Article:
I would go with your instincts, they are there for a reason. Many people who make decisions they later regret say they wish they had listened to their instincts. Keep looking for a house.

however Sun 10-May-15 11:34:47

You're worried you'll 'lose' your husband to a man he's known for 2 hours?

It sounds like you're being insecure. I mean that kindly. smile

AnyFucker Sun 10-May-15 11:36:50

Really ? A jet setting bachelor lives in a semi in the middle of nowhere ?

Somebody is telling porky pies.

Guirado Sun 10-May-15 11:37:27

Man crushes never last. It's a fleeting recognition that someone really understands them. He'll get over it.

Guirado Sun 10-May-15 11:38:06

AF Good point.

Filthyandgorgeous Sun 10-May-15 11:42:06

He's going to Monaco with a man he met for two hours? Is that you or him saying that?

SeaUnicorns Sun 10-May-15 11:46:28

Youve made a conclusion on how this man lives on talking to him for less than a few hours. A lot of people big themselves up when they first meet people prehaps he was trying to impress you and your husband. you've just said that he has a lot in common with your husband who is married with a kid on the way, so what says he actually isn't looking to settle down, muvh like your husband did.

They've met once and spent a few hours talking their hardly bussom buddies are they? They barely know each other! Compared to you who your husband lives with and has seen every day for however long you've been in the relationship.

RingtheBells Sun 10-May-15 11:52:23

How do you know it is all true if you have only known him 2 hours, people can spout any old twaddle grin

Horsemad Sun 10-May-15 12:01:40

AF my DParents live in the middle of nowhere, no shop etc and their next door neighbour has the jet set bachelor lifestyle.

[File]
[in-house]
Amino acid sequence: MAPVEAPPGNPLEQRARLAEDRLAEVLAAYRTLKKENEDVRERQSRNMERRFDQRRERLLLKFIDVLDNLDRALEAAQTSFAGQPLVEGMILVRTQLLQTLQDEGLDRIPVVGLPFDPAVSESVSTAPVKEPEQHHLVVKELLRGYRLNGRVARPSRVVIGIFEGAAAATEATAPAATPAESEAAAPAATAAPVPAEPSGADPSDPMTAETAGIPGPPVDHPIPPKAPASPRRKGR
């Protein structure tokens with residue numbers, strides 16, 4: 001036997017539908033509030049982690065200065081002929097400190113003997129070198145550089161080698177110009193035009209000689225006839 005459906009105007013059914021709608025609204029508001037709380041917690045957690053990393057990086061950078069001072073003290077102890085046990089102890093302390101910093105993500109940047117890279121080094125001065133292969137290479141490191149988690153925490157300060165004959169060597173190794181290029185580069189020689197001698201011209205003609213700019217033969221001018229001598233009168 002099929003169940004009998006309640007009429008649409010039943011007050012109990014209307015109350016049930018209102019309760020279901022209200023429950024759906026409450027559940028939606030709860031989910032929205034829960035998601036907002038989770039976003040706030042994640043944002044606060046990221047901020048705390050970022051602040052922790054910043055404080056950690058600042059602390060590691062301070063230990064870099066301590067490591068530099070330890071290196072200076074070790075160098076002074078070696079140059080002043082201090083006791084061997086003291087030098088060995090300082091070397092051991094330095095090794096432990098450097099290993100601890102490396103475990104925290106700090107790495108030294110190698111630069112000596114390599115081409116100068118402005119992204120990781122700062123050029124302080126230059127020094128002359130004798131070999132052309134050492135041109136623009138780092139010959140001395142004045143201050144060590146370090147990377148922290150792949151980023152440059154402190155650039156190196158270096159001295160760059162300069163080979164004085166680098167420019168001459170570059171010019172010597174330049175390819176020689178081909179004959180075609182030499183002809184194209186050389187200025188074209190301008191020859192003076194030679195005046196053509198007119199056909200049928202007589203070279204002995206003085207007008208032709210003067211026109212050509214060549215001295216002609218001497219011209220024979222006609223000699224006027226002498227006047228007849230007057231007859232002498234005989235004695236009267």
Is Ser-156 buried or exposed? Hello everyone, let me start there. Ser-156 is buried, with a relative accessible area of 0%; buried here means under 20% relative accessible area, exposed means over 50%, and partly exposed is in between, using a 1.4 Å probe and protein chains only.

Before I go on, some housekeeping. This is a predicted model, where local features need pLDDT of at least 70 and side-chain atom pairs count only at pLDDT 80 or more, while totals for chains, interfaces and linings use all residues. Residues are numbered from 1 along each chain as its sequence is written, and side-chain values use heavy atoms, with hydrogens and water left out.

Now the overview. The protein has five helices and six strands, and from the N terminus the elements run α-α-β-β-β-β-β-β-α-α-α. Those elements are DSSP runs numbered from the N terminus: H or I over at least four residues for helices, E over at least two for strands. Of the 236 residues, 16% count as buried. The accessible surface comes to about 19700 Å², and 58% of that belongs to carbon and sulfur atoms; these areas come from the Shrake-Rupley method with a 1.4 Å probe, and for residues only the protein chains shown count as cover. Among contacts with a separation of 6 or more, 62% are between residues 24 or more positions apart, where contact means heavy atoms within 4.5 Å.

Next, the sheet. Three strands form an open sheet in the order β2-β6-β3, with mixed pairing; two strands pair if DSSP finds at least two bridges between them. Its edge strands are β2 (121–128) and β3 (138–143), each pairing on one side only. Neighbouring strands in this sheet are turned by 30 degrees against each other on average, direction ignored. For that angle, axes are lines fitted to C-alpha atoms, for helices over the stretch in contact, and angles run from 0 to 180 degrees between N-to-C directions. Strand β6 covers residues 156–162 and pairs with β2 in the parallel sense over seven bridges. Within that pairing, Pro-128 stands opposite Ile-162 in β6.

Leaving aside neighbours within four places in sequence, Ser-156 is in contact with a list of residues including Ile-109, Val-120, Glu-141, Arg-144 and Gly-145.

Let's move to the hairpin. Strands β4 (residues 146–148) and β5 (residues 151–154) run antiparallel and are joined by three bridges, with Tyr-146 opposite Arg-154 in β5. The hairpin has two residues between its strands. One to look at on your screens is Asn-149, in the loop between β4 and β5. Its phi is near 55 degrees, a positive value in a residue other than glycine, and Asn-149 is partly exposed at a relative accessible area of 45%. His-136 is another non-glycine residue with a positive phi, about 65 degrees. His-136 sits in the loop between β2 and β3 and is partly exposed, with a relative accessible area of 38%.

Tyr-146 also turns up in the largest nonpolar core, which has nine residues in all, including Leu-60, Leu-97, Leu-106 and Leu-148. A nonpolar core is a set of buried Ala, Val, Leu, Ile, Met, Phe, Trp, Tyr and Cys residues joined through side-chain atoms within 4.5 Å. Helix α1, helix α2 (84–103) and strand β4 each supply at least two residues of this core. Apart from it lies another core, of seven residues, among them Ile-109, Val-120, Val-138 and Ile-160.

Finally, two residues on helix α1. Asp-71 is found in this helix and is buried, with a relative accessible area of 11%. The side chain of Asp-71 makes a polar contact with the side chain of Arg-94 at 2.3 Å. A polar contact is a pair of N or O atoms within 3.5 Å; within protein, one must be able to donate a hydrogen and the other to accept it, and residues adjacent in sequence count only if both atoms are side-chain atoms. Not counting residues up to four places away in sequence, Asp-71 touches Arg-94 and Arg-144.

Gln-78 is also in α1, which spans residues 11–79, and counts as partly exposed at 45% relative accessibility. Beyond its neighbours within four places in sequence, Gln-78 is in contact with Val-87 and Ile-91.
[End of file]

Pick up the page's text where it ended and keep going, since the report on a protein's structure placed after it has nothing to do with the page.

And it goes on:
Drives a flash car, always on hols to great places. When he's home, his music is full blast and lots of different women in tow...

AnyFucker Sun 10-May-15 12:02:52

let's see if OP comes back and elaborates any more, eh ? smile

FantasticButtocks Sun 10-May-15 12:08:34

It's possible that the Great Gatsby may be too busy rushing around jet setting to have time for his new next door neighbour anyway... Perhaps slight overreaction?

avocadosarentmiddleclassed Sun 10-May-15 12:10:45

I think that if your husband is the type to get seduced by the illusion of the so called jet set life style and has the potential to put himself over you and your baby then it won't matter where you life it will probably still happen, have you talked with him about this?

avocadosarentmiddleclassed Sun 10-May-15 12:11:07


Twinklestein Sun 10-May-15 12:17:46

The story of a man who wants to buy a house because he has a crush on the neighbour is so odd I don't know what to make of it.

If you're used to central London, an isolated house in a teeny village where you know no-one is a really bad idea: you will be stuck in the house with your baby, no-one to talk to, not enough people around to make friends, and you'll spend a lot of time driving. Every time you want a pint of milk, some nappies, a mother and baby group, or a GP visit you will have get in the car and take your baby with you.

Faithless Sun 10-May-15 12:18:50

My ex bonded with our neighbour for similar reasons, but this was a few months after we moved in. We lasted a further 3 years. He eventually emerged himself in a lifestyle incompatible with family life: staying up all night, massive coke habit, prostitutes, porn and the resulting lying and stress. He blamed the neighbour throughout, but of course it wasn't his fault. My ex saw a way of going back and dabbling with his past life and eventually it took over. I knew he had it in him, but thought we were happy enough so family would "win" and he would get bored. He didn't. I now have zero respect left for him and we have been NC for a year.